Tea companies are likely to see 2017-18 as one of the best years in recent times, in terms of profit.
There was a sharp improvement in their realisation, with a rise in product prices and stagnant cost of production. North-based (in this segment, that is all of India other the south) companies would reap more benefit, due to a sudden price increase in tea auctions at local markets since August, reflected in the financial results for the September quarter. Barring Tata Global, most companies reported loss or negligible profit in the June quarter, due to subdued prices until August. The second half of the financial year would see a turnaround in profit margin. “A large carryover stock, on account of surge in production towards the end of the previous season, had weighed on prices at the beginning of the current season. With stagnant production, higher export with the shortfall in Kenyan production and healthy domestic demand, prices firmed up considerably for North Indian producers as the season progressed,” said Kaushik Das, vice-president at ratings agency ICRA. The upward march in prices since August is likely to continue till March 31. The Tea Board of India data showed a Rs 2.2 a kg increase in price between April and November. However, with seasonal factors which led to quality deterioration, prices in auctions declined this month.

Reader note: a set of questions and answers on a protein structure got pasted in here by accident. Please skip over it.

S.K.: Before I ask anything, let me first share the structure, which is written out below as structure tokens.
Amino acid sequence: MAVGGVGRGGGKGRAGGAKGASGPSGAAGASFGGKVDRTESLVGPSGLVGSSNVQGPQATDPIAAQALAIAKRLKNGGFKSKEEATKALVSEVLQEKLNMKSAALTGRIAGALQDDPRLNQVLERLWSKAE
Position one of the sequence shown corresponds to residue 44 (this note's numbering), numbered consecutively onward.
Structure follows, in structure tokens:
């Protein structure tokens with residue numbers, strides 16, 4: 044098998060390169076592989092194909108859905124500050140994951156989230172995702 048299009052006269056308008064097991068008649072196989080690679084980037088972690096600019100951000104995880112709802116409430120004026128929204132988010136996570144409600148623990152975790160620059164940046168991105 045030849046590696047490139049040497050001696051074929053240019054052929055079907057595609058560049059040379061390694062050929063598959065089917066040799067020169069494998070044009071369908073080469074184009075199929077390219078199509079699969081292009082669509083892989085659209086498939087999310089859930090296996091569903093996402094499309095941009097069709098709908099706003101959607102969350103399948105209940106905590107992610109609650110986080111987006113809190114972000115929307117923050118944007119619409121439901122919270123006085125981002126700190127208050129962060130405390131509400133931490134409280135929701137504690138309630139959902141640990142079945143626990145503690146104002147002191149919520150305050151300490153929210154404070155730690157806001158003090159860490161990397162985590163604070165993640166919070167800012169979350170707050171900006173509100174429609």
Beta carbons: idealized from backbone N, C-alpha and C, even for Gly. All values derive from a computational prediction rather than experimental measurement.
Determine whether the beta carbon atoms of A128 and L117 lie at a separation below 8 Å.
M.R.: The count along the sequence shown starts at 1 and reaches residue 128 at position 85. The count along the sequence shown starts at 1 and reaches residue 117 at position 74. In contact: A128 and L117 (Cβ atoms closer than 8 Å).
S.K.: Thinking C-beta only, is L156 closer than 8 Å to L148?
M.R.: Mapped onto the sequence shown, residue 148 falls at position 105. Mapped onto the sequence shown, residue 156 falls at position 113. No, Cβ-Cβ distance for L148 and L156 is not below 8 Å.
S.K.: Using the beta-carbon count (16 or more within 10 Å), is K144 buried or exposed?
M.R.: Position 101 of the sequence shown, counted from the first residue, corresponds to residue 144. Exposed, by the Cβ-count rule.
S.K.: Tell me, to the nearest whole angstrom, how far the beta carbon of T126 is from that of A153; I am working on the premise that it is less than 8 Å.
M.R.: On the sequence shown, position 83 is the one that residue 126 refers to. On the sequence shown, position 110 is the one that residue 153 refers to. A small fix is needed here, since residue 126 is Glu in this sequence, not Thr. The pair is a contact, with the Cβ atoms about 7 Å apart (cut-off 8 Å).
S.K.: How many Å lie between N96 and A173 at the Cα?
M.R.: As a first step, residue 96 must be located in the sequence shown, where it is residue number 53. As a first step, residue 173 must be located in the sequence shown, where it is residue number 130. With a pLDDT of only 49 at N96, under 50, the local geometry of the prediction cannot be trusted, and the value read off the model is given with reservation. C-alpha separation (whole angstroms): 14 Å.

Compiled by BS Research Bureau; Source: CapitalineRealisation for north-based tea companies have been higher this year over last year. It was the other way round for south-based ones.
“Prices plunged abnormally in January last year due to unusual climatic conditions, unlikely to repeat this year. Also, lower production is likely to keep tea prices elevated in the months to come, resulting in higher margins for producers,” said a senior company official.
The extent of improvement would, however, be tempered by cost pressure, mainly due to increasing wages. Prices at South Indian auctions have been impacted by higher production but most of the large players there are unlikely to see a material contraction in operating profit, as the output rise would largely negate the impact of lower prices.
The overall rise in output during the first 10 months of this calendar year was 1.4 per cent, to 1,089.9 million kg, primarily driven by the increase in southern production. North Indian crop levels, 80 per cent of total production, was marginally less after a considerable crop loss in September.